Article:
Institute of Employment Rights
Industrial Law Society
Socio-legal Studies Association
Society of Legal Scholars
Committees and reviewing
Law School Management Board
Research Ethics Committee
Undergraduate Teaching: I lead the Legal Rights and Civil Justice module for 2nd year LLB students. I am also module lead for the dissertation module option for 3rd year LLB students.
Teaching oversight: I am teaching director for the second year of the LLB programme.
Postgraduate Teaching: I lead the Research Skills module for our LLM students
PhD Supervision: Together with Dr Bernadette Rainey, I supervise an ESRC funded PhD student exploring the role of relational fairness within the UK asylum appeals system. With Dr Sara Drake, I supervise a PhD student investigating access to justice and the implications of Brexit in a project which is partnered with the Equality and Human Rights Commission in Wales.
I am interested in supervising future PhD students in respect of gender and labour law, access to justice, conceptions of justice, discrimination and socio-economic inequality.
I argue that the UK’s crisis of social care is a product of the institutionalised humiliation of paid care workers – a process made possible by the gendered inadequacy of law. Each chapter provides significant insights into the working lives of homecare workers. Their experiences and opinions are captured in a series of (what I have called) character narratives: Cheap Nurse, Two-a-Penny, Mother Superior and Choosy Suzy. Each is connected to a specific area of law at work: equal pay law, the legal protection of employment, minimum wage law, and workforce regulation via the Care Act 2014.
Current Research: Care workers in the dock
I am currently writing about the application of criminal law in the context of care work. This research is focused on the new Criminal Justice and Courts Act 2015 section 20 offence of ill-treatment and wilful neglect which is targeted at hands-on care workers. Care workers are frequently implicated in the abuse of older and disabled people and the criminal law seeks to provide public reassurance that offenders will be identified and punished. Judicial interpretation of the behaviours and actions which qualify as ill-treatment and wilful neglect in law are rapidly evolving. Together with fear of prosecution at an individual level, these normative standards introduce a novel source of workplace and behavioural discipline in the care industry. I explore the state’s turn to criminal law as a mechanism of regulation in the care sector and draw on care workers’ experience. My findings call into question political reliance on market forces as a means of care standards regulation and its statutory affirmation exemplified by England’s Care Act 2014 and - albeit to a lesser extent - the Social Services and Wellbeing Act (Wales) 2014. I situate analysis of Court of Appeal judgements about ill-treatment and wilful neglect within a wider legal context of the deregulation of employment; the privatisation, marketisation and fragmentation of provision; and the recrafting of statutory duties which have accompanied a sustained reduction in public funding for social care.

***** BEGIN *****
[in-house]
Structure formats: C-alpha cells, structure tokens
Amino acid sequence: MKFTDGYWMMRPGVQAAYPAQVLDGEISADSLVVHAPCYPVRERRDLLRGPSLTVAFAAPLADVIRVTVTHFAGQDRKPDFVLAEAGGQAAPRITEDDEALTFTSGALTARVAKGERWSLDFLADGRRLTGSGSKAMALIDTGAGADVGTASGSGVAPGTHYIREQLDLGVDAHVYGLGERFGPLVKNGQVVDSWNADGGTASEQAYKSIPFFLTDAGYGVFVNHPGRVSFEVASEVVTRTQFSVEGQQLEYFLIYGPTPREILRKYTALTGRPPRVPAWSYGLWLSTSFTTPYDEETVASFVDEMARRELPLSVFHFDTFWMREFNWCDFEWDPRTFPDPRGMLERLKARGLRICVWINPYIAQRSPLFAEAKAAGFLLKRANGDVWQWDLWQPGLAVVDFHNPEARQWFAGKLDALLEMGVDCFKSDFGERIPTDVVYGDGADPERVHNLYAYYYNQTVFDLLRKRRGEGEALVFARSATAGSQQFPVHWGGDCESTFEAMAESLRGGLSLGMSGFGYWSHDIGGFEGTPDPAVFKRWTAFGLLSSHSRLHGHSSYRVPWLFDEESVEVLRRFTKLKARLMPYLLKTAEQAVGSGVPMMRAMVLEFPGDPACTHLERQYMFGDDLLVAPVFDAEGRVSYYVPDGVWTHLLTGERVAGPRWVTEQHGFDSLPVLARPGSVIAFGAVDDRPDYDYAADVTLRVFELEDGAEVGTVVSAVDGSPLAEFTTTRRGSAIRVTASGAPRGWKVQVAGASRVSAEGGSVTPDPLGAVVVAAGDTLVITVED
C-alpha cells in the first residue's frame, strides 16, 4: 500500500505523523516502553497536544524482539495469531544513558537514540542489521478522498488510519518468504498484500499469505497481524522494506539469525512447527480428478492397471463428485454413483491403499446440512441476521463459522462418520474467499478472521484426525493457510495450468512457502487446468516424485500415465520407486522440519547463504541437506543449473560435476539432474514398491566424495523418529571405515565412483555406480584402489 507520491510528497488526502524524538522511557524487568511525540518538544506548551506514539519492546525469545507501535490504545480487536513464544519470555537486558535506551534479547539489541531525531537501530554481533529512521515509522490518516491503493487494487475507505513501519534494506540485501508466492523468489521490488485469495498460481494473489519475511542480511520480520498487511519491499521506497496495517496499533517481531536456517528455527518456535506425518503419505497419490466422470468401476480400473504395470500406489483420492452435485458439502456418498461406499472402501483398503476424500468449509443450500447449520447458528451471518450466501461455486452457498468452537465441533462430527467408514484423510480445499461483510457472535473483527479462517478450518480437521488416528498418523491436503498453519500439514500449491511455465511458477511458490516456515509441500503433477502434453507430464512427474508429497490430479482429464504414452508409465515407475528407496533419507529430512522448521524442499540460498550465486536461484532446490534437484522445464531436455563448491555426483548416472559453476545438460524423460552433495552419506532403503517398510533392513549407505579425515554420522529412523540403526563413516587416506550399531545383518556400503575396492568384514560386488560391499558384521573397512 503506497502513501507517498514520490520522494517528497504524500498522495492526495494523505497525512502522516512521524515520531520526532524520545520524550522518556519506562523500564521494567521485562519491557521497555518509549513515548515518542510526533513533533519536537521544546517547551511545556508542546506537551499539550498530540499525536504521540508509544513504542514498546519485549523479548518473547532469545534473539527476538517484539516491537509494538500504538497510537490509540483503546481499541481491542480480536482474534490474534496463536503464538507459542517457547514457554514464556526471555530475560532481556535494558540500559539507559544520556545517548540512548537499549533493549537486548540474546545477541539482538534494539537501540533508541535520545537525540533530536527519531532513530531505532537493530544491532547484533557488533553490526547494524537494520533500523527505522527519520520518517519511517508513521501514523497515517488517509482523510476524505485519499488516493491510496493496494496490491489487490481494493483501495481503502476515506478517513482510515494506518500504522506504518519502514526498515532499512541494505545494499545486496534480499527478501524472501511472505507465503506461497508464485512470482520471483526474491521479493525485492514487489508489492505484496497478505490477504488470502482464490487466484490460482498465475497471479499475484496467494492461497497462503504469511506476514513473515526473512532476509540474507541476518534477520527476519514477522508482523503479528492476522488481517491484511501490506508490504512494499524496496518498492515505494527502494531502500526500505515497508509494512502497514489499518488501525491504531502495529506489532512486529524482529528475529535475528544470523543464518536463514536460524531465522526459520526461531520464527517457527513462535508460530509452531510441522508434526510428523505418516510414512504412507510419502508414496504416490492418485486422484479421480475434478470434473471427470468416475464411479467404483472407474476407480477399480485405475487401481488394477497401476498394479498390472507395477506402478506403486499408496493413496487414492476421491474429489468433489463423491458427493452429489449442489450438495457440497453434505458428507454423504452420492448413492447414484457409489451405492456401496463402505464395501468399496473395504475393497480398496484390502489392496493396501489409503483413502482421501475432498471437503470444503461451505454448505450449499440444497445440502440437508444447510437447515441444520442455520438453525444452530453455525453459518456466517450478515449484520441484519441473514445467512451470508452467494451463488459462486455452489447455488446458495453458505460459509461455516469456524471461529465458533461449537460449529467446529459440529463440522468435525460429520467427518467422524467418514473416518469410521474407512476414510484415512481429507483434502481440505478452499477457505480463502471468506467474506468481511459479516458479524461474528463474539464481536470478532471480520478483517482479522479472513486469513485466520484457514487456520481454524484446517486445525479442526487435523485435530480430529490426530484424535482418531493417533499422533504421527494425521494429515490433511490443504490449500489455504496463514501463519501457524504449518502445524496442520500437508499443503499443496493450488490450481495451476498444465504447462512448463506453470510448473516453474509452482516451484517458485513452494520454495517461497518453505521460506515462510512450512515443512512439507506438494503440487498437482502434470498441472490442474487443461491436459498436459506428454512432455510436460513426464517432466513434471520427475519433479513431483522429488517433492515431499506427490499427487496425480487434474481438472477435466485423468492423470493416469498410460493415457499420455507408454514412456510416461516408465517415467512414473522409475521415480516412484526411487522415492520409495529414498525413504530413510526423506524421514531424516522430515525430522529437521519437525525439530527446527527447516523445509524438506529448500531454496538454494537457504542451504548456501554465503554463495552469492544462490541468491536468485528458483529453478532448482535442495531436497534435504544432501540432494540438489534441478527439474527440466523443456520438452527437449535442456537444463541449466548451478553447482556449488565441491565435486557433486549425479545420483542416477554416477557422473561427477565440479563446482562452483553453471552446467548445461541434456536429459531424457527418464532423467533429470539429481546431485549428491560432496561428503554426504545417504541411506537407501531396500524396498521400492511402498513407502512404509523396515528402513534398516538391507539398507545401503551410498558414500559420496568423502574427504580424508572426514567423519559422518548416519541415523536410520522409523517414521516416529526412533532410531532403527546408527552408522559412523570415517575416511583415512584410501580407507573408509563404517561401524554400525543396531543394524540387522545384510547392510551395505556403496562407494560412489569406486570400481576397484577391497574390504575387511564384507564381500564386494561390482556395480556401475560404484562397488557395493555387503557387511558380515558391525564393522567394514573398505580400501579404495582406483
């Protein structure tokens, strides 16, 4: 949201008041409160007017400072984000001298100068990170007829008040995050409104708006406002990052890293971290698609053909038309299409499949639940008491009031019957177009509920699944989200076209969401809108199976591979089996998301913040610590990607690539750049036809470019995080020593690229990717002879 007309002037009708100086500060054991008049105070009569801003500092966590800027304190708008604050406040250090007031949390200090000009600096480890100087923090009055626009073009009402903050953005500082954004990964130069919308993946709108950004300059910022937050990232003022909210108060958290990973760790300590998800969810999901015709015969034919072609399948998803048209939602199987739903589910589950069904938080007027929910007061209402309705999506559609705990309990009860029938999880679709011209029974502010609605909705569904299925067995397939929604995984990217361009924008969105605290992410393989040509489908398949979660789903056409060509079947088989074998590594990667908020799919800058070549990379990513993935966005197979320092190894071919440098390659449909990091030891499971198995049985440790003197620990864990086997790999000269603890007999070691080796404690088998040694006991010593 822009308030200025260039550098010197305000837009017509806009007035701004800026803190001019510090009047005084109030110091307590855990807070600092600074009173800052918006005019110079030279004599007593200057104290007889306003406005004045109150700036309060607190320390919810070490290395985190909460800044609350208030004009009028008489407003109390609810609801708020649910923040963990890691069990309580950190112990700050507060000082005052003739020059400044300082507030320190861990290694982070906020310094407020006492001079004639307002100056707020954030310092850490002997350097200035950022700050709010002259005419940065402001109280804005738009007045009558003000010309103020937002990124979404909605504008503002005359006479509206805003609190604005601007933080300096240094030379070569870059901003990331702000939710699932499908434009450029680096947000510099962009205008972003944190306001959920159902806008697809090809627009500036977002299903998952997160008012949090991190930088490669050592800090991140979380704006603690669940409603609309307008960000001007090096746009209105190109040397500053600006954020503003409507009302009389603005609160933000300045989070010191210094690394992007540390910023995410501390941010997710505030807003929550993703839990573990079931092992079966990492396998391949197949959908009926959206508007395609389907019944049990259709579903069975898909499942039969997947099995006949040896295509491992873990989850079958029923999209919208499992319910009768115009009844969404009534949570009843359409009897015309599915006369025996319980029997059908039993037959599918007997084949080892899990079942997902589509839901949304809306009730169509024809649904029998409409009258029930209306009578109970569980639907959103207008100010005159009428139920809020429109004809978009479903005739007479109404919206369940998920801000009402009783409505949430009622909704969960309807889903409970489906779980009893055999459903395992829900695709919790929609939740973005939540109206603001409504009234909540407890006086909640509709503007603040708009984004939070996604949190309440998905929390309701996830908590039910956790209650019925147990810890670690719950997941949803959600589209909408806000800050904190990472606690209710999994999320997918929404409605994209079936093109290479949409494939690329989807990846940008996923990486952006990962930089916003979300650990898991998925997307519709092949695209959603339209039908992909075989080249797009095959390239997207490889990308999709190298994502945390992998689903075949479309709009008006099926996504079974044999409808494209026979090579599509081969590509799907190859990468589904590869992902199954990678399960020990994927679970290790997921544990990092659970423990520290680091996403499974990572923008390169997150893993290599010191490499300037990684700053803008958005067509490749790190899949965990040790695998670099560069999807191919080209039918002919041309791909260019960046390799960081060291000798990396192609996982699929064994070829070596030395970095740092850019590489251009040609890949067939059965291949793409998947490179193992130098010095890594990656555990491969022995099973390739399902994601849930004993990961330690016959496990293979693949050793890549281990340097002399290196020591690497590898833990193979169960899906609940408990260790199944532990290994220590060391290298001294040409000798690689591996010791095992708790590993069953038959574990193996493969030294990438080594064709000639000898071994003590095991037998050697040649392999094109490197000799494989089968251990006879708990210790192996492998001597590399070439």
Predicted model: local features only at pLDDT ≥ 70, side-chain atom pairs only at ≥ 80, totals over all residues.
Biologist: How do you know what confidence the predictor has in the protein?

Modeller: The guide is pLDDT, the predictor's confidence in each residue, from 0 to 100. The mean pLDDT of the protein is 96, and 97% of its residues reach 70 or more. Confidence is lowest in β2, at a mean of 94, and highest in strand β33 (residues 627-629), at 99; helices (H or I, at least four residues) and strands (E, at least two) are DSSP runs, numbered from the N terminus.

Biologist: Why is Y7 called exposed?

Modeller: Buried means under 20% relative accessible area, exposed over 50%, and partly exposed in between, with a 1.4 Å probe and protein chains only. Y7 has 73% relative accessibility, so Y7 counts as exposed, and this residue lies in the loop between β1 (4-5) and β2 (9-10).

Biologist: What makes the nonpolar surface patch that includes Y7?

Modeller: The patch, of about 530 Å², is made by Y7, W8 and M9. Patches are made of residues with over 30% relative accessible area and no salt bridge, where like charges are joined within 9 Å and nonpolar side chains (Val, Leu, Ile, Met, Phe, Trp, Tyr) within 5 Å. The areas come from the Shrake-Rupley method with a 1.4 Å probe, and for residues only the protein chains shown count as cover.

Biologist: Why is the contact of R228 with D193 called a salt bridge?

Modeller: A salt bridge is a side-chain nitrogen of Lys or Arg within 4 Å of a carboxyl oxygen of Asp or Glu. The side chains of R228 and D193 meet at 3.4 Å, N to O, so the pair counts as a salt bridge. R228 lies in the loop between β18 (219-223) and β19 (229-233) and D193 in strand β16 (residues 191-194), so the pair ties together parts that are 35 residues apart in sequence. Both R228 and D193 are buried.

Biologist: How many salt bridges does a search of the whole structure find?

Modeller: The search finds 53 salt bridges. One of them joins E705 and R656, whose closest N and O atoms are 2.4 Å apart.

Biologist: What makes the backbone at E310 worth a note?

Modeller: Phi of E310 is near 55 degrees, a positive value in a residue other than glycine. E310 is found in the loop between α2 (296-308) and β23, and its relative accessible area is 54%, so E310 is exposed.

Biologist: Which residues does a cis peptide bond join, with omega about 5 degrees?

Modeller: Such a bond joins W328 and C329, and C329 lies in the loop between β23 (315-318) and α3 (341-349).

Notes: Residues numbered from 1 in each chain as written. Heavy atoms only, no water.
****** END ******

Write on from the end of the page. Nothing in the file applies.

Eliminating Unacceptable Forms of Work
I am a lead researcher as part of the major global research project on Unacceptable Forms Of Work: Global Dialogue/Local Innovation. This project investigates regulatory strategies to eliminate Unacceptable Forms of Work (UFW): jobs that “deny fundamental principles and rights at work, put at risk the lives, health, freedom, human dignity and security of workers or keep households in conditions of extreme poverty” (ILO 2013). Phase I of the Project established a framework for conceptualizing and regulating UFW ( McCann and Fudge 2016). I am part of the international team assembled through funding from the UK Economic and Social Research Council (ESRC) for Phase II of the project. The Principal-Investigator is Dr Deirdre McCann, Durham Law School, UK. The Co-Investigators are Professor Judy Fudge, Kent Law School UK, and Dr Sangheon Lee, International Labour Office, Geneva.
My contribution is made in partnership with Professor Sara Charlesworth of RMIT since the UK and Australia are the focus of the project's strand of inquiry into the global regulatory challenges presented in domiciliary care sectors. The project as a whole investigates the regulation of unacceptable forms of work in countries including Mexico, US, Thailand, South Africa, Brazil, UK, India, Italy, Brazil, Uruguay, Philippines, Korea, Lesotho, Spain, China, Australia, Vietnam and Canada. Sara and I are building a network team comprised of regulatory and representative actors and aim to draw on diverse methodologies and policy experience to generate comparative insights into the challenges and potential of better regulation in the context of increased gender-based bullying and violence at work in the domicilary care sector.